National Apology for Forced Adoptions
21st March, 2018
Today (Wednesday, 21 March) we commemorated the 5th anniversary of the National Apology for Forced Adoptions at Riverside Reception Centre, New Farm. The event was organised by Jigsaw Queensland, in association with ALAS, Association for Adoptees and Origins Qld.
It was a significant milestone and was marked by a taped reflection by Hon. Julia Gillard AC, and speeches by Trish Large (ALAS), Kerri Saint and Judy Glover (Association for Adoptees), Colleen Bernard (Origins Qld), Heather Herman and Trevor Jordan (Jigsaw Qld) and Guest Speaker, Professor Nahum Mushin (Former Chair of the Forced Adoption Implementation Group).
The event also included a moving exhibition of objects from people affected by adoption.
The video reflection from Hon. Julia Gillard AC is below:
Below are excerpts from Professor Nahum Mushin's speech which revisted events leading up to the historic apology made on 21 March 2013, the day itself and finally, looking at what may lie ahead..
The Senate Committee on Community References conducted its
enquiry into Former Forced Adoption Policies and Practice over a
period of approximately eighteen months and tabled its report on
29th February 2012. I have often spoken of the extraordinary work of
that committee and particularly senators Rachel Siewert, Clair Moore
and Sue Boyce. I read their extraordinary report about six weeks after
it was tabled and coincidentally, only 24 hours before I received a
telephone call from a senior member of the Attorney-General's
Department asking if I would permit my name to be considered for
appointment as chair of the Forced Adoptions Apology Reference
Group. I was honoured to accept the Attorney-General's invitation to
take up that position about six weeks later. The Reference Group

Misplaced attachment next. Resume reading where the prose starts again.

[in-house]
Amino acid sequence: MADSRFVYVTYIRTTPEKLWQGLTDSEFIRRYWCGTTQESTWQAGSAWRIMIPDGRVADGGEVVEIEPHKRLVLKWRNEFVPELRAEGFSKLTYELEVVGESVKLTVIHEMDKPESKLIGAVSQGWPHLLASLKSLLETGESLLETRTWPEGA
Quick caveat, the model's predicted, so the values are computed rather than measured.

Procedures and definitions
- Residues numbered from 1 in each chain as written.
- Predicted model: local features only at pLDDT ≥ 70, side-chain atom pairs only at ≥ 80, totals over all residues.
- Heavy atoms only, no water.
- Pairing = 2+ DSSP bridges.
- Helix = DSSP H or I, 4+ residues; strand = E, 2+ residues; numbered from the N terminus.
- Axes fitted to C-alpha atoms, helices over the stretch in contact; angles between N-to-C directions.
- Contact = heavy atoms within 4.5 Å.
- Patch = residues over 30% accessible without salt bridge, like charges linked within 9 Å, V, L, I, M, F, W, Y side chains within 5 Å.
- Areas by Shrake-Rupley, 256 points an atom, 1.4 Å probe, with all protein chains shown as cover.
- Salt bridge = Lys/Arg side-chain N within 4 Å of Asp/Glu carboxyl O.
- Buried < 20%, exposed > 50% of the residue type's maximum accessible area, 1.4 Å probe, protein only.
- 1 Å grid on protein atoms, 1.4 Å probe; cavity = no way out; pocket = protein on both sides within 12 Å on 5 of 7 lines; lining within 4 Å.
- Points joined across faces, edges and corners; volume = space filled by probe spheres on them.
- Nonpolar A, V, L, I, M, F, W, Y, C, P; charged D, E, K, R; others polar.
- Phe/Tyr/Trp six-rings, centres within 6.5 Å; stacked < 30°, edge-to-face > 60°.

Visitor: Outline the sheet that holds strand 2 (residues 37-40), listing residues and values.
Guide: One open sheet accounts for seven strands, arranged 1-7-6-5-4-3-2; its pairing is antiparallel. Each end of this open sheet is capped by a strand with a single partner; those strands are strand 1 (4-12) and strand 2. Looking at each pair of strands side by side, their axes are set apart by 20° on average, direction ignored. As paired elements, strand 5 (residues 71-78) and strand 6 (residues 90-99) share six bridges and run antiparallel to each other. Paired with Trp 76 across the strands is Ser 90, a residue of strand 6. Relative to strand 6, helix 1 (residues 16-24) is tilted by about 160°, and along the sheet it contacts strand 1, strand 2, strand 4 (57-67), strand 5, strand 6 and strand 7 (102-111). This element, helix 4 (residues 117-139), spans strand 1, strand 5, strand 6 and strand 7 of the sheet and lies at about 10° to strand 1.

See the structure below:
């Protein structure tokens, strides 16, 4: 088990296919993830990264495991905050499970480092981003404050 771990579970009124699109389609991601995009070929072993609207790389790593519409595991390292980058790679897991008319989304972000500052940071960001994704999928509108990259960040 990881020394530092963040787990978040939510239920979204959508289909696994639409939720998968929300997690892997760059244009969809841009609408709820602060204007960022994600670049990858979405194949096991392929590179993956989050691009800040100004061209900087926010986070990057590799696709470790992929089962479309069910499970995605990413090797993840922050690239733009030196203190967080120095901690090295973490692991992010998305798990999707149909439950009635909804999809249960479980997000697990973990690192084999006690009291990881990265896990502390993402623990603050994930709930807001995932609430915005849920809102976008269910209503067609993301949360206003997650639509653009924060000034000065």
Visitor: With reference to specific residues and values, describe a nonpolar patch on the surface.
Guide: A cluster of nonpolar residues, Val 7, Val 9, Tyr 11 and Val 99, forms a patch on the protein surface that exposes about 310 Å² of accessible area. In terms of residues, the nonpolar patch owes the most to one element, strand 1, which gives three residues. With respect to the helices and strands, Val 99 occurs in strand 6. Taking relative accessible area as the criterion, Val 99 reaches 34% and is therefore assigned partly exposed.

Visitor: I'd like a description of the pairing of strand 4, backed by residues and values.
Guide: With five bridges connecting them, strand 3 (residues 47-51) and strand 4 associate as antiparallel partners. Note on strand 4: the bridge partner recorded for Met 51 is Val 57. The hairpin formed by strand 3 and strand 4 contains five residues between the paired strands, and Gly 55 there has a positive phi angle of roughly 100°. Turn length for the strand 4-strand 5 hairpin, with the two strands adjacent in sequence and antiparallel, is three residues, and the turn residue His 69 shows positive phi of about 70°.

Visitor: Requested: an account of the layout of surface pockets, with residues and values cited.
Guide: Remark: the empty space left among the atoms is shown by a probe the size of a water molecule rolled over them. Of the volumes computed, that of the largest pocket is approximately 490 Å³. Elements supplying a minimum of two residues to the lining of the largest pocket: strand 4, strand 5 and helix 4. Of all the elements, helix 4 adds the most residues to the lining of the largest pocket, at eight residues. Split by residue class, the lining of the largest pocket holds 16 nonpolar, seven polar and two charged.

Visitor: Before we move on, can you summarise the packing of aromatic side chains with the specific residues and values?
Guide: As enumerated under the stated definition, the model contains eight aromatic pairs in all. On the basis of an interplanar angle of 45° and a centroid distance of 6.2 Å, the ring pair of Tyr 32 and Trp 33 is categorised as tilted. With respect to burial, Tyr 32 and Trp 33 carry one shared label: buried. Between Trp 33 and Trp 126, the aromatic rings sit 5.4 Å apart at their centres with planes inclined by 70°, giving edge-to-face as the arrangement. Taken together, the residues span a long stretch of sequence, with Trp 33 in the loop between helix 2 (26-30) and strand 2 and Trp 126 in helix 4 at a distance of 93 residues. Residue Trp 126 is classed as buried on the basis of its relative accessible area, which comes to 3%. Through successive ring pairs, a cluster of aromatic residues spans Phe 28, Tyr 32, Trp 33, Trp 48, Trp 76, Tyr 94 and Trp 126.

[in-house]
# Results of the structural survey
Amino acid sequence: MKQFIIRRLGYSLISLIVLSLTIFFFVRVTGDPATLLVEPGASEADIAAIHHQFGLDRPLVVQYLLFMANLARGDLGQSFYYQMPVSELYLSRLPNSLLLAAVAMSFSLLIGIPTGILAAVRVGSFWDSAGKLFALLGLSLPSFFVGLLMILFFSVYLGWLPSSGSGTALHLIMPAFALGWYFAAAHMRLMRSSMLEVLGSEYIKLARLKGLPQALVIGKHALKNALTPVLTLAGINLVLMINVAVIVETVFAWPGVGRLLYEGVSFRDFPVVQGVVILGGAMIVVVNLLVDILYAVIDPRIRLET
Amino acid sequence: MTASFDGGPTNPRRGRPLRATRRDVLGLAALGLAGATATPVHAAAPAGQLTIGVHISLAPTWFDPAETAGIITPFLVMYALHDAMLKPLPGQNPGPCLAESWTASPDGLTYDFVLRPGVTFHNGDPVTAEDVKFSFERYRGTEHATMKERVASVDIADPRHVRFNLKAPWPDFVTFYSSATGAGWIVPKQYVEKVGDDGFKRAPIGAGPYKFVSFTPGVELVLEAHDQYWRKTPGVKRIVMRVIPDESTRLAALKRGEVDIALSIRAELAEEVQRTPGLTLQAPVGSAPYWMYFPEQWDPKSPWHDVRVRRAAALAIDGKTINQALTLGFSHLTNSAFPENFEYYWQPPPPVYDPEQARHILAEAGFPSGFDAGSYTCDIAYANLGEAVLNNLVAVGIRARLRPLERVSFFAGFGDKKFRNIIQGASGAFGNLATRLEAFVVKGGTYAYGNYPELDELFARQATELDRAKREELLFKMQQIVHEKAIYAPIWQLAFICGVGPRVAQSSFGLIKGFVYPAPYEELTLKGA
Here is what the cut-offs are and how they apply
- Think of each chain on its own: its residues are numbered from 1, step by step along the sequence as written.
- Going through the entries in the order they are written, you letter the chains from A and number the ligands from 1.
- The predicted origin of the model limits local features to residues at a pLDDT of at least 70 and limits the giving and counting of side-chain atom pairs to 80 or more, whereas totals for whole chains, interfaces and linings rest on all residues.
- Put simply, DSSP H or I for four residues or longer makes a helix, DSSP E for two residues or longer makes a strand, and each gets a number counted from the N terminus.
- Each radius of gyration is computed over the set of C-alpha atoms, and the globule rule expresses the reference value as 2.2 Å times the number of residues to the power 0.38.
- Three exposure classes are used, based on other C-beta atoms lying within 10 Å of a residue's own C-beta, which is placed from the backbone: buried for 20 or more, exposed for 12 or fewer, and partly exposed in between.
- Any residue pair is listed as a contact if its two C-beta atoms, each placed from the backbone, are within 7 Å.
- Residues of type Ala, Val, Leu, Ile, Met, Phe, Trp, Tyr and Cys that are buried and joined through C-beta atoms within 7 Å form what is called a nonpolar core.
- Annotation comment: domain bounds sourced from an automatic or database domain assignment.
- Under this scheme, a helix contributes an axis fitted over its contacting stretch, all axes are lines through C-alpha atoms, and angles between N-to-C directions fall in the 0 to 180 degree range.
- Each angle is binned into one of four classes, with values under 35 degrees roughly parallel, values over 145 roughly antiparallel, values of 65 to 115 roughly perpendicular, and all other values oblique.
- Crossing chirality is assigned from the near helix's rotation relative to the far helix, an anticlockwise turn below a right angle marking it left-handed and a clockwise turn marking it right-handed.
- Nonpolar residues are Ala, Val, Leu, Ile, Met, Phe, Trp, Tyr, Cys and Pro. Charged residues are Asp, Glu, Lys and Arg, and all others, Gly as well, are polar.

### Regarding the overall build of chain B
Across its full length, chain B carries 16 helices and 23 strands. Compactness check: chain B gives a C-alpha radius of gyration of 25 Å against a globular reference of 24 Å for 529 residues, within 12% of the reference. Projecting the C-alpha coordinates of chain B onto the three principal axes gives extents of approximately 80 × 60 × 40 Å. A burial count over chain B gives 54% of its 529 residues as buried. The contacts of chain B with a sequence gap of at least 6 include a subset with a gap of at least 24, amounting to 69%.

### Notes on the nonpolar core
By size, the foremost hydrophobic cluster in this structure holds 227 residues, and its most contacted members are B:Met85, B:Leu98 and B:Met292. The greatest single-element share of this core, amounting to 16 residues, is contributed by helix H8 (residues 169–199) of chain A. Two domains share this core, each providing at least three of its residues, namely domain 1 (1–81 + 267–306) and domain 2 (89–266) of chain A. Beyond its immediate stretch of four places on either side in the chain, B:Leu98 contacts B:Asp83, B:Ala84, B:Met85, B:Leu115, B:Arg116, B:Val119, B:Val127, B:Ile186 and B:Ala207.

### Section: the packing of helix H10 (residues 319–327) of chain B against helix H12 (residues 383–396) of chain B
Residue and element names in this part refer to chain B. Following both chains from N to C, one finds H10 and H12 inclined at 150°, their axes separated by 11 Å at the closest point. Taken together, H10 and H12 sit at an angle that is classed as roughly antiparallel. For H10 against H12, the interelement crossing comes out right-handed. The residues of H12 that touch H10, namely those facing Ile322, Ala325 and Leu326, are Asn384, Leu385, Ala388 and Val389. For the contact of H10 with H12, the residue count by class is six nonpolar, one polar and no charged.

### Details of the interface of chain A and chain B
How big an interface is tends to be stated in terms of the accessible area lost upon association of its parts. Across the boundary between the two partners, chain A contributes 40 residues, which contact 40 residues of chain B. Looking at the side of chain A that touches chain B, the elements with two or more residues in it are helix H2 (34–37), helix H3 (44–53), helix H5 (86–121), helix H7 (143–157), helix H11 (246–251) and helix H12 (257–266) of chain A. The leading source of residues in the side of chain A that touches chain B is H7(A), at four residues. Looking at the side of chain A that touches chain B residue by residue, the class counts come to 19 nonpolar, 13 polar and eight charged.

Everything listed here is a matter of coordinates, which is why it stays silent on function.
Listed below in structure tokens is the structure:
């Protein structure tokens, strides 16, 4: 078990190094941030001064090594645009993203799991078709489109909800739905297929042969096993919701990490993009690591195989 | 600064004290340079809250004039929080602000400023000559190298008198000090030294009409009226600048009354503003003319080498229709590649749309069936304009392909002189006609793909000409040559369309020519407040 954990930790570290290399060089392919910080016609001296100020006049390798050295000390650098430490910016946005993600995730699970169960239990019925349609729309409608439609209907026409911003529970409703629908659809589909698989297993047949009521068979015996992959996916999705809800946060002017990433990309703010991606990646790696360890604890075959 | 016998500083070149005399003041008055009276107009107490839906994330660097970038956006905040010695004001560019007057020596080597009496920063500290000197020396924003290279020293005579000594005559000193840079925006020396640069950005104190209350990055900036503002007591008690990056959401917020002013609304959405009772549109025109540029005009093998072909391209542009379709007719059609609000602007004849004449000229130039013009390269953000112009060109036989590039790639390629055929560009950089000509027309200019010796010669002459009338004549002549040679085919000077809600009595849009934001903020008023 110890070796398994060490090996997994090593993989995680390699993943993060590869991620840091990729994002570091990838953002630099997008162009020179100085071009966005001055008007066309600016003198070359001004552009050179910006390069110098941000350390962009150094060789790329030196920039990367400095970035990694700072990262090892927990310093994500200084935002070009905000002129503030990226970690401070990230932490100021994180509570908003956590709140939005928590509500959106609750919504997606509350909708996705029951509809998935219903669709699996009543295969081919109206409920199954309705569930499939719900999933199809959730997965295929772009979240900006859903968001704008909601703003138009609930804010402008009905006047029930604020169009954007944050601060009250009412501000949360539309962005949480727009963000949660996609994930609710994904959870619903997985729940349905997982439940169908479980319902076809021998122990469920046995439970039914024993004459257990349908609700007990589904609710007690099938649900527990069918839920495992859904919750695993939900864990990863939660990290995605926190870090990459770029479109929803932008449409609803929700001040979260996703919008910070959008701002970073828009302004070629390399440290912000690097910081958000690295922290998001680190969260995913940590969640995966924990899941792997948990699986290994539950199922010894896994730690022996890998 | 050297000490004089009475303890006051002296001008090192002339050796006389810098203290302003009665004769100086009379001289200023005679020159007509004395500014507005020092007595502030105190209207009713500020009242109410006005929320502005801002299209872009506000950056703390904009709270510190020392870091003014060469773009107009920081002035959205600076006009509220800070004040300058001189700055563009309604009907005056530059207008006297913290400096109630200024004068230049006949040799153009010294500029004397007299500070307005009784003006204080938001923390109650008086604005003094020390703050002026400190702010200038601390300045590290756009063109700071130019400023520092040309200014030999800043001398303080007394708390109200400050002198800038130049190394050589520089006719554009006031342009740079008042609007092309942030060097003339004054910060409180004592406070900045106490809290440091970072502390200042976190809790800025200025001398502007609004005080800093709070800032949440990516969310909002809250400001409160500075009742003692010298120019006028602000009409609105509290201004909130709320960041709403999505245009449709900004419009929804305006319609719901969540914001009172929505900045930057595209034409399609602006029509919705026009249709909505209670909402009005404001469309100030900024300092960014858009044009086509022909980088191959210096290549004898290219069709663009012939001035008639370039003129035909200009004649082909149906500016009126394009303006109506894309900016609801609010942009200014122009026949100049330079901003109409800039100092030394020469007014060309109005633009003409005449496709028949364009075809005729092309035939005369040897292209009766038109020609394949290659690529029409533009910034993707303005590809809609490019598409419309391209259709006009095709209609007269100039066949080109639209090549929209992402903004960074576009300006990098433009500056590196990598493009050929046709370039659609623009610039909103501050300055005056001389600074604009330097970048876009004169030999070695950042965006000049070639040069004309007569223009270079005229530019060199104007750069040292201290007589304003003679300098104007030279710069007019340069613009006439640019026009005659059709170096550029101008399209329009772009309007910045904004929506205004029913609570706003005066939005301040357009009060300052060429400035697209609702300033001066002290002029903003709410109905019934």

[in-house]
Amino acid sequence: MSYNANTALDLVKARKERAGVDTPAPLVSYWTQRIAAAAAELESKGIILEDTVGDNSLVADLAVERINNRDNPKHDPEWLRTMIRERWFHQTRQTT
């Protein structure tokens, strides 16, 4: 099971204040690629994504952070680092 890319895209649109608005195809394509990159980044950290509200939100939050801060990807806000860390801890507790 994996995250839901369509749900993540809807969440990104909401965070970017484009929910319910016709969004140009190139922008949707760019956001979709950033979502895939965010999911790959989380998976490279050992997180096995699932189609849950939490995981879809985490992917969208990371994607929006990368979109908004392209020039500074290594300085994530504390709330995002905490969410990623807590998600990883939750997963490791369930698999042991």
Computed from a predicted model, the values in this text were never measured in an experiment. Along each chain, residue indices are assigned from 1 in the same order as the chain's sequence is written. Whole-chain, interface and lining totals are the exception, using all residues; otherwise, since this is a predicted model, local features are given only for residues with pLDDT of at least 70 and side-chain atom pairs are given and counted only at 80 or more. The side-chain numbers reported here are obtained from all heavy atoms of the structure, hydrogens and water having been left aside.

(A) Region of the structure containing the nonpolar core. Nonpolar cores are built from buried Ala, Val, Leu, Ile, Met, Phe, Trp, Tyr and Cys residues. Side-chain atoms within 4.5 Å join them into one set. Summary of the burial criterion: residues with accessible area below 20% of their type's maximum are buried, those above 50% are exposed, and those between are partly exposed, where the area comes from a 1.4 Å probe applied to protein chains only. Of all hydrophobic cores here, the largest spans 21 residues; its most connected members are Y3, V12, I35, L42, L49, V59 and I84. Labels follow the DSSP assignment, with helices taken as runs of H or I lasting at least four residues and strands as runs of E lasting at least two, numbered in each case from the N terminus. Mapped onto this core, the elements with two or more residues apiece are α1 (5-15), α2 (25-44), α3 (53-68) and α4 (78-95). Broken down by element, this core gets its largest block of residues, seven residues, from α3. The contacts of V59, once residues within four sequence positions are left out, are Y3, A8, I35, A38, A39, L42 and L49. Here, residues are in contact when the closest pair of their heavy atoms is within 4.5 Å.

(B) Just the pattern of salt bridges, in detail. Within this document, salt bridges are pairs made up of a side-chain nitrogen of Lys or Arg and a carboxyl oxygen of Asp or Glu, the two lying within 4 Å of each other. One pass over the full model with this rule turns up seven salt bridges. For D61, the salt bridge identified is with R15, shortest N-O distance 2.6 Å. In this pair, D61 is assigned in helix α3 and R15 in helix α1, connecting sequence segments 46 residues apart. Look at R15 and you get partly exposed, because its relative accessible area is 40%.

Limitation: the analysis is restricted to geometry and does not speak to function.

consisted of several mothers, adoptees, a father and the three
senators and a member of the House of Representatives referred to
earlier. Our first task was to consider the language which we should
use in the apology. We readily adopted the language of the Senate committee in recognising that the person who gave birth to the child is the child's mother and that no adjective should precede that word. Similarly for father. [...]
When I first read the report there was one concept which jumped out at me: these practices are illegal! The law has been breached in the most egregious ways. That led me to the conclusion that any apology would be grossly inadequate if it did not include the word "illegal". It was a word over which I was prepared to go to the barricades. I was concerned that the Government's lawyers would reject it as being an admission of liability leading to compensation. I will return to that later. Fortunately my concerns were assuaged. it clearly represented the views of all those who gave evidence to the Senate committee and who consulted with me. It was the unanimous view of the Reference Group. Most importantly, the government accepted that the word "illegal" should be included in the apology and so it was. I was moved by the way in which it was received.
I now turn to the day itself. I have watched former Prime Minister Gillard's speech on many occasions, most recently just a few days ago. It represents one of the outstanding moments of Australian history which must never be forgotten. That, together with the way in which people came together in grief and in hope stands as one of my most vivid memories. It was a profound pity and outrage that on the same day a member of the government chose to initiate the political challenge to the Prime Minister, thereby depriving the apology of its much needed attention and publicity on the day. I expressed my outrage to Mr Crean in a very strongly worded email written that night. I told him that I though he owed everyone affected by forced adoptions a profound apology. I received no response. [...]